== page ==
What forms of solidarity become possible when a doctor and a patient can see each other as inhabiting relatable social positions? Let’s look at their interaction: When Dr. Begrand launched into an explanation of her symptoms and their framing under a diagnosis, Ms. Dats pushed back: “The tests are still inconclusive. I’d rather not be told how the story might end if it’s still not sure.” Dr. Begrand backtracked immediately: “You’re right, what matters is what we do right now to treat your symptoms.” That evening, when we sat outside, Ms. Dats explained to me why refusing this diagnostic was important: “I’d rather have no diagnosis. I don’t want them to say it’s over and done when I see I make progress.” She had willingly taken a series of diagnostic tests, but was cautious to not let ambiguous results turn into a fixed diagnosis. Following Ms. Dats’ wish, I am not naming the diagnosis uttered by Dr. Begrand. I believe that sharing it would frame the reader’s understanding, even as Ms. Dats contests it. What matters here is that she refused to be subsumed by it, and was able to express her reservations in her conversation with her doctor. Through this refusal, she worked to ground herself in the present she experienced, and hoped to avoid a future already delineated for her. She wasn’t sure that she would still be given access to the treatments she wanted under the diagnosis of a degenerative disease. Dr. Begrand was able to hear her concerns, follow her lead and pivot to focus on addressing Ms. Dats’ symptoms and demands.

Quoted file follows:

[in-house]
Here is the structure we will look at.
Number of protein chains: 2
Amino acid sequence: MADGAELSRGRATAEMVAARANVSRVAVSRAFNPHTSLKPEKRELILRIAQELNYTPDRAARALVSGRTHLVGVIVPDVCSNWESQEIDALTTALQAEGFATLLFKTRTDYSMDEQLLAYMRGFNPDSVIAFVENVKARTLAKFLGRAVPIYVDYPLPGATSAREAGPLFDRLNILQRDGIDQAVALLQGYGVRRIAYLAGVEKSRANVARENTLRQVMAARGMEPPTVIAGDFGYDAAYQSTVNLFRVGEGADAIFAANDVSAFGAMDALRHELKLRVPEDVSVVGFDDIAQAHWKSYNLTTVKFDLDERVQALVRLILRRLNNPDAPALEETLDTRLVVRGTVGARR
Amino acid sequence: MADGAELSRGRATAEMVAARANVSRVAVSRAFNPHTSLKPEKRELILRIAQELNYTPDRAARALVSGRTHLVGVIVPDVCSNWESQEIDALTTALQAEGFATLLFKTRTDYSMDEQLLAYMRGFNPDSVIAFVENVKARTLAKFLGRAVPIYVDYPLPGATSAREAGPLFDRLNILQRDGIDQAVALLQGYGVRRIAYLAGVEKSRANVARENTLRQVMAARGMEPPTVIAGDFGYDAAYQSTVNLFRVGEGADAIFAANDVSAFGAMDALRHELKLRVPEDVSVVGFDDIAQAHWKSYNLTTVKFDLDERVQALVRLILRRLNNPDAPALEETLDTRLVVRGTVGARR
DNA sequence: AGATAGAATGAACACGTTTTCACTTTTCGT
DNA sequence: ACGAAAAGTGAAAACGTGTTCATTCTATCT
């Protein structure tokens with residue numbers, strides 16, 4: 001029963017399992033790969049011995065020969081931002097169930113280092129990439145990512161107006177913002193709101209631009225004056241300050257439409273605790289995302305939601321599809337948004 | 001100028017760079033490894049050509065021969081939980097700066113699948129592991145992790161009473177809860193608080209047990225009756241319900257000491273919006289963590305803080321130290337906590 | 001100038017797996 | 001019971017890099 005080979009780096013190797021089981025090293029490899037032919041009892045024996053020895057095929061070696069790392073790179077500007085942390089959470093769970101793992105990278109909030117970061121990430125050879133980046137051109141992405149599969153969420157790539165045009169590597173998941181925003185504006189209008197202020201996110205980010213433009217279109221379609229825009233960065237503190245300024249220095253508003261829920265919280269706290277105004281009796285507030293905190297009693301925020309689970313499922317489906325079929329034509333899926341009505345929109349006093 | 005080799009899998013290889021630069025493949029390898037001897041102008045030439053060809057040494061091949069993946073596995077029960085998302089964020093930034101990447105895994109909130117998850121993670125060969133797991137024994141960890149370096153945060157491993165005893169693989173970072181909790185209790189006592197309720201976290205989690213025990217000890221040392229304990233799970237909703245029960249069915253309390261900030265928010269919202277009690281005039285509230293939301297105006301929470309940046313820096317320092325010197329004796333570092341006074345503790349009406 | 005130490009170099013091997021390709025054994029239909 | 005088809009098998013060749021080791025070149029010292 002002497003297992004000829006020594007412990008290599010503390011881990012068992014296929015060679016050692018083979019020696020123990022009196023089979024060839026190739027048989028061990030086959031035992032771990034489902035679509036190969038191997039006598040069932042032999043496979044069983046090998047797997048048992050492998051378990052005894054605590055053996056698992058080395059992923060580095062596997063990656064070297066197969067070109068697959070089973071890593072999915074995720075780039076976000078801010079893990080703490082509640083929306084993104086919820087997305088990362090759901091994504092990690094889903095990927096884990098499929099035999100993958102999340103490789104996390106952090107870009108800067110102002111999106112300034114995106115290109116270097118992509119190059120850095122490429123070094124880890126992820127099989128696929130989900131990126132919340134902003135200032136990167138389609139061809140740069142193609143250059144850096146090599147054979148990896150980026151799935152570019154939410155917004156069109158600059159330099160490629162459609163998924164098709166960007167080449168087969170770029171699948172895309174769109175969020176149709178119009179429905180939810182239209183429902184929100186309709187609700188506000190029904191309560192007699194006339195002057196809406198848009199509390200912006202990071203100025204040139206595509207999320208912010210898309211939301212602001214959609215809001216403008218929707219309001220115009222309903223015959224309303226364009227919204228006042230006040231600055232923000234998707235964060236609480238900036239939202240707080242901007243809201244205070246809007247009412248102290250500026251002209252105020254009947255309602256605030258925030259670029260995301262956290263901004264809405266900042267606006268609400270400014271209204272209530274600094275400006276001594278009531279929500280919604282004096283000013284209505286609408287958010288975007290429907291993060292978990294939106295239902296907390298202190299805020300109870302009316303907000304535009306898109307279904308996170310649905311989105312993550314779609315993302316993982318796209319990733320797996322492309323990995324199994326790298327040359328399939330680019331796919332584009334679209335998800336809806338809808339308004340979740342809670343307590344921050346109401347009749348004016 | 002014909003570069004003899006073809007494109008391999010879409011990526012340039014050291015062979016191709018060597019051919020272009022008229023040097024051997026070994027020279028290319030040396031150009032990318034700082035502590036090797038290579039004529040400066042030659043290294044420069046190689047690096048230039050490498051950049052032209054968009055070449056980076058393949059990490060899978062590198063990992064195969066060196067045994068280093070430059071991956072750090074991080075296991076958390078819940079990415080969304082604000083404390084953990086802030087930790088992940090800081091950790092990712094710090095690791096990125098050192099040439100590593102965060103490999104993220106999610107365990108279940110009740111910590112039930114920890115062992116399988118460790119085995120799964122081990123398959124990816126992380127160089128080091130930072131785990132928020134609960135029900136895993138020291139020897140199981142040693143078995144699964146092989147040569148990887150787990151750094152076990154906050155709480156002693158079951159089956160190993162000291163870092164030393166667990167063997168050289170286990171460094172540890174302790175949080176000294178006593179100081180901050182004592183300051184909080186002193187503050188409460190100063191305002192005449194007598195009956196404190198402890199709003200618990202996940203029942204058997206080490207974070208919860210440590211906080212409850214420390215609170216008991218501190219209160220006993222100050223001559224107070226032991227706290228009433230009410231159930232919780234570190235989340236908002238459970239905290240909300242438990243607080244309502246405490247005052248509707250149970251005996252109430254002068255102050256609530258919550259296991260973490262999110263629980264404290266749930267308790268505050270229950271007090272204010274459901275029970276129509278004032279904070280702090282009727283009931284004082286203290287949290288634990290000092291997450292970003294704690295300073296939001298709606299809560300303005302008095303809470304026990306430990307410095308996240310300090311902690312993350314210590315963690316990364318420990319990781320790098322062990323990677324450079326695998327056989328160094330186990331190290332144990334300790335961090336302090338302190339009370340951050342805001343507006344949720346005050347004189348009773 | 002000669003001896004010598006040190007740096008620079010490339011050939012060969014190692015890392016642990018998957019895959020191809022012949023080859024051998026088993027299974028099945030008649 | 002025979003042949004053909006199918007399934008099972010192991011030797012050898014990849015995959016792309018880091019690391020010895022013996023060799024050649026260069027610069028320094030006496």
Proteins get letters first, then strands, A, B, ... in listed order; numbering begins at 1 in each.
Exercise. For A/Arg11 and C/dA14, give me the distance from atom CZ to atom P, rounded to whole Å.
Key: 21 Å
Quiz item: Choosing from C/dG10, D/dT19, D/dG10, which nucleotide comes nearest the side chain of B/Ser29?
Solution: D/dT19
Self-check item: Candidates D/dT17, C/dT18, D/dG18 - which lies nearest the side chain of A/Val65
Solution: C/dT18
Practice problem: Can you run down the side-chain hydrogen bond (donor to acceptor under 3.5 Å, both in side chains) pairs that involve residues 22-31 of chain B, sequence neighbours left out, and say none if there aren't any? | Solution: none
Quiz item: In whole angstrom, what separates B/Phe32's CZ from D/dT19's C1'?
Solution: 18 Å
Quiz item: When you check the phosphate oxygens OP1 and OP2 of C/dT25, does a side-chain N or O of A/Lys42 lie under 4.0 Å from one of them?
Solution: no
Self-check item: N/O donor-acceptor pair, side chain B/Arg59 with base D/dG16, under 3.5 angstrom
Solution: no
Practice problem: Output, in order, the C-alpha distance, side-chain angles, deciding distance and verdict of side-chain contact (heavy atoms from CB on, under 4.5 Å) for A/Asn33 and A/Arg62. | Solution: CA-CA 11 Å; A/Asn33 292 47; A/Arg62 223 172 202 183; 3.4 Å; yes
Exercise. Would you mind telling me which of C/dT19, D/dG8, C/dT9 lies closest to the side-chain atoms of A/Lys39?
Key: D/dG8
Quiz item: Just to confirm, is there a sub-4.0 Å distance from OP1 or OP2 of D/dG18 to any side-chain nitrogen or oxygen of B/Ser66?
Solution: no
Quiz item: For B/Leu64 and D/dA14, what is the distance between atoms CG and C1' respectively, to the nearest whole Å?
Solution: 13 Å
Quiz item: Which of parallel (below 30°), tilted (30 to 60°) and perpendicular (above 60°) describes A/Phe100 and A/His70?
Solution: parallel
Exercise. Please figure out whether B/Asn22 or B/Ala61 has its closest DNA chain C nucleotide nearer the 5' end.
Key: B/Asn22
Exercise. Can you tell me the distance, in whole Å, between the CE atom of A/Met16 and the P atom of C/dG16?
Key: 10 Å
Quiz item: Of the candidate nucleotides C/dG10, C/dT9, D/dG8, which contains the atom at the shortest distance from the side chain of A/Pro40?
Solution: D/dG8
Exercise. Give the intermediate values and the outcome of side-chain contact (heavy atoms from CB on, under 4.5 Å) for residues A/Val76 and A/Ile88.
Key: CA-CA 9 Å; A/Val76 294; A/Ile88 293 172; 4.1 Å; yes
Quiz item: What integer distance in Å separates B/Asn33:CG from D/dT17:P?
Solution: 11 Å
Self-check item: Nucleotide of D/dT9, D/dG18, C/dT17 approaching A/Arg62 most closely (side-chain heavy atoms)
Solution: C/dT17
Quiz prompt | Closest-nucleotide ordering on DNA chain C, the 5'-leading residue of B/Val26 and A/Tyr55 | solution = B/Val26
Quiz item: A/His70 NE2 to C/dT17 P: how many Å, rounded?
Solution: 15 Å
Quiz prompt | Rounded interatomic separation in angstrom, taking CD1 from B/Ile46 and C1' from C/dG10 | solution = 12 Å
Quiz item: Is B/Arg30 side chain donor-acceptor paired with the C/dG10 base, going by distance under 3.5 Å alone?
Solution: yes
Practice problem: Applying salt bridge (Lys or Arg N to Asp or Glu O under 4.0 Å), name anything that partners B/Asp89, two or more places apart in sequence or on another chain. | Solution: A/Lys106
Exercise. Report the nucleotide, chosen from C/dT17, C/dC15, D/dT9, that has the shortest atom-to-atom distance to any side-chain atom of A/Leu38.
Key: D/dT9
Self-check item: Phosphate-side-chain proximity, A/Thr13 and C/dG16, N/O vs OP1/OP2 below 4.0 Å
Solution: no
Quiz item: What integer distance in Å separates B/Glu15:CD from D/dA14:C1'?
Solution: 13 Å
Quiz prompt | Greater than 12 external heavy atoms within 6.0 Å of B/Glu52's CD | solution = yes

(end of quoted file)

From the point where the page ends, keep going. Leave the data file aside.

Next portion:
In addition to refusing a diagnosis, Ms. Dats opted out of a surgical intervention and new medication her doctor suggested. She defended the integrity of her body, and instead continued to focus on treatment via physical therapy: “I only have one vessel, this body,” she explained. “I don’t want the side effects that come with all of this. I’d rather keep on trying option one before jumping to surgery.” Ms. Dats was wary of any procedure that could harm her body and inscribe it as chronically and irremediably under treatment. Instead, she hoped that through physical therapy, she could regain enough mobility to free herself from medical intervention. There again, Dr. Begrand didn’t insist: the intervention she suggested was an option to consider, not a requirement. She agreed to continue the therapeutic program underway and focused for the rest of the conversation on discussing Ms. Dats’ goals and her desire to return home with a plan for physical therapy.
Instead of reading in this interaction the opposition between the medical model, which locates expertise and authority in the realm of medicine, and the valuation of the lived experience of disability, I am interested in the collaborative elements it holds. Ms. Dats did not refuse treatment as a whole, and Dr. Begrand did not experience her push back as an attack on her authority. Ms. Dats asserted her right to shape the treatment plan according to her goals rather than following medical prescription. She was able to do so because her doctor could hear her wishes and engage in a dialogue with her. Rather than positioning herself as the bearer of an ultimate authority, Doctor Begrand readily accepted Ms. Dats’ demands and worked with her on a treatment plan. The goal was for Ms. Dats to define the therapeutic plan and set the objectives that worked best for her, not a top-down approach in which the doctor defined and controlled interactions and their outcome. In this, Dr. Begrand followed the patient-centered approach of the head doctor and founder of the clinic.